We can see that the company’s valuation has fallen nearly four turns of EBITDA since the time it acquired Whole Foods, despite the company’s continued growth. Its valuation also compares fairly favorably to its peers, especially considering the significantly better profit margins. The company also has plenty of growth options to further expand its footprint as it is present in less than half of the states of the Union.

This growth in financial performance is also fueled by a very strong share buyback program, while the company has reduced its share count by 18% over the last 5 years:

Data from YCharts

Sprouts recently announced a new $600 million buyback, replacing an existing $100 million buyback that expires in December 2024. That would be a nearly 20% reduction in outstanding shares at its current $3.2 billion market cap. I think this is good capital management considering the discounted multiple shares continue to trade while also offering a built in put on the shares.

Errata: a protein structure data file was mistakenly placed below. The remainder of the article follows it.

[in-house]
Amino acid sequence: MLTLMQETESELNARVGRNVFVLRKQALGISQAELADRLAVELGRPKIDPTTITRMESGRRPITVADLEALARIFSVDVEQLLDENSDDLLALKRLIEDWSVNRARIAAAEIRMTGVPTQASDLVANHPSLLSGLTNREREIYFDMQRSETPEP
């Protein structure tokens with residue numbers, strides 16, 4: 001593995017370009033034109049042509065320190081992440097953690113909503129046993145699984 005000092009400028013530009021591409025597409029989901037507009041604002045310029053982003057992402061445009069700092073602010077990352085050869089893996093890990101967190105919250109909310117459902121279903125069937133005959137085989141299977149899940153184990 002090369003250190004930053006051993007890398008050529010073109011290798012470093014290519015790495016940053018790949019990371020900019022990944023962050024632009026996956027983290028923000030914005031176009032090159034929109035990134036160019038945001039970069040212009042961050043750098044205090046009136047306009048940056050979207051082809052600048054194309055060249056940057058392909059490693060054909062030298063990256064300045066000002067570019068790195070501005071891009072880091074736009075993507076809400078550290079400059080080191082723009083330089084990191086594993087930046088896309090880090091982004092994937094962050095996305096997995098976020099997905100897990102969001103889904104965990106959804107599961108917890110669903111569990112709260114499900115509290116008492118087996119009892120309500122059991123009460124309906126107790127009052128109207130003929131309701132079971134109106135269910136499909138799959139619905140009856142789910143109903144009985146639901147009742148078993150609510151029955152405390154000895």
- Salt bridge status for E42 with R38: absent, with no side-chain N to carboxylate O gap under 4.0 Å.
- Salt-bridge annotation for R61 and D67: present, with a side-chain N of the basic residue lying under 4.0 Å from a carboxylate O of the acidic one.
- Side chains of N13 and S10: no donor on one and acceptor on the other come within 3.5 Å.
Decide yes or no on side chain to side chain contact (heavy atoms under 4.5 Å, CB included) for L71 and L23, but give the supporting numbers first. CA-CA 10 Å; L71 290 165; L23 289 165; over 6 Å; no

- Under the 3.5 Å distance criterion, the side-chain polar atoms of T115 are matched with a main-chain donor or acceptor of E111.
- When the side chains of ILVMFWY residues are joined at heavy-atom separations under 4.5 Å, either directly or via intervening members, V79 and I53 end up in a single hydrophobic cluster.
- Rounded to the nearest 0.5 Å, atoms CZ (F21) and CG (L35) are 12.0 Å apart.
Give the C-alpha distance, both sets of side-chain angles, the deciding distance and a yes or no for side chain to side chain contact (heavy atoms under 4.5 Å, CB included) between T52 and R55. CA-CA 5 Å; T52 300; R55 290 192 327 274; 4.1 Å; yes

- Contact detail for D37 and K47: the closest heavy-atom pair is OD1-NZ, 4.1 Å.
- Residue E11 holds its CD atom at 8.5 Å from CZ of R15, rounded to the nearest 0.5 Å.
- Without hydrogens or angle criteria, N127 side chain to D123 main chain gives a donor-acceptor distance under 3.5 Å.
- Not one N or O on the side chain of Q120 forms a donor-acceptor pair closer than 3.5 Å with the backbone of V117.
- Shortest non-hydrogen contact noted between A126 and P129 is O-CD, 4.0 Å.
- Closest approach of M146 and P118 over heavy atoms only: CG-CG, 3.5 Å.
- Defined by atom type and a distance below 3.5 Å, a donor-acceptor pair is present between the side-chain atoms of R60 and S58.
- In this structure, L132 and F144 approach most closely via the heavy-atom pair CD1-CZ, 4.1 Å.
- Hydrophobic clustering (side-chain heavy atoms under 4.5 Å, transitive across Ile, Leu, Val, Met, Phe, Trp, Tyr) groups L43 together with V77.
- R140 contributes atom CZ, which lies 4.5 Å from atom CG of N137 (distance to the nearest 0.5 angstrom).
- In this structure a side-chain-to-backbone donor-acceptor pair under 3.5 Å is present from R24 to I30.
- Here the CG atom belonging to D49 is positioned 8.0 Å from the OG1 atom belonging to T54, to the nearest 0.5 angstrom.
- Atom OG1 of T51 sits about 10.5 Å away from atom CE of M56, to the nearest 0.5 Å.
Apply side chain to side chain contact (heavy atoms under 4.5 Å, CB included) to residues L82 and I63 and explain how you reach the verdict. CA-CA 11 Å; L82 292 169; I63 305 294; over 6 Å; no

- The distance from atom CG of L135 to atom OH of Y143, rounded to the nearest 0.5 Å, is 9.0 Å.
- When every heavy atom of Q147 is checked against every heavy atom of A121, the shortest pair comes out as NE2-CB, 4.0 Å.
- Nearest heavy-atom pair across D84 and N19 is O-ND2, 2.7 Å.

The biggest risk, as mentioned, is whether Sprouts can pass the cost of inflation on to its customers; I think this is possible due to the composition of the customer base. There is a risk to the supply chains themselves as we see the impact of COVID and geopolitical tensions making everything slower and more costly for everyone involved, but this is certainly not just for Sprouts.

Analysts have always focused on margins, so Sprouts’ ability to maintain them will be of particular focus; There have been some changes as the COVID pandemic provided a temporary tailwind to the company’s performance, which has since settled back to normalized levels. Finally, Sprouts will report post-market results on May 4thth; As the markets are very volatile these days, this could serve as either a catalyst up or down. This is short-term in nature, but it will be interesting to see if the company updates its guidance for the coming year based on how the first quarter went.


It’s been some time since investors have had to navigate an inflationary environment. The Sprouts Farmers Market offers a good hedge because of its target market, operational performance and ability to pass on rising prices.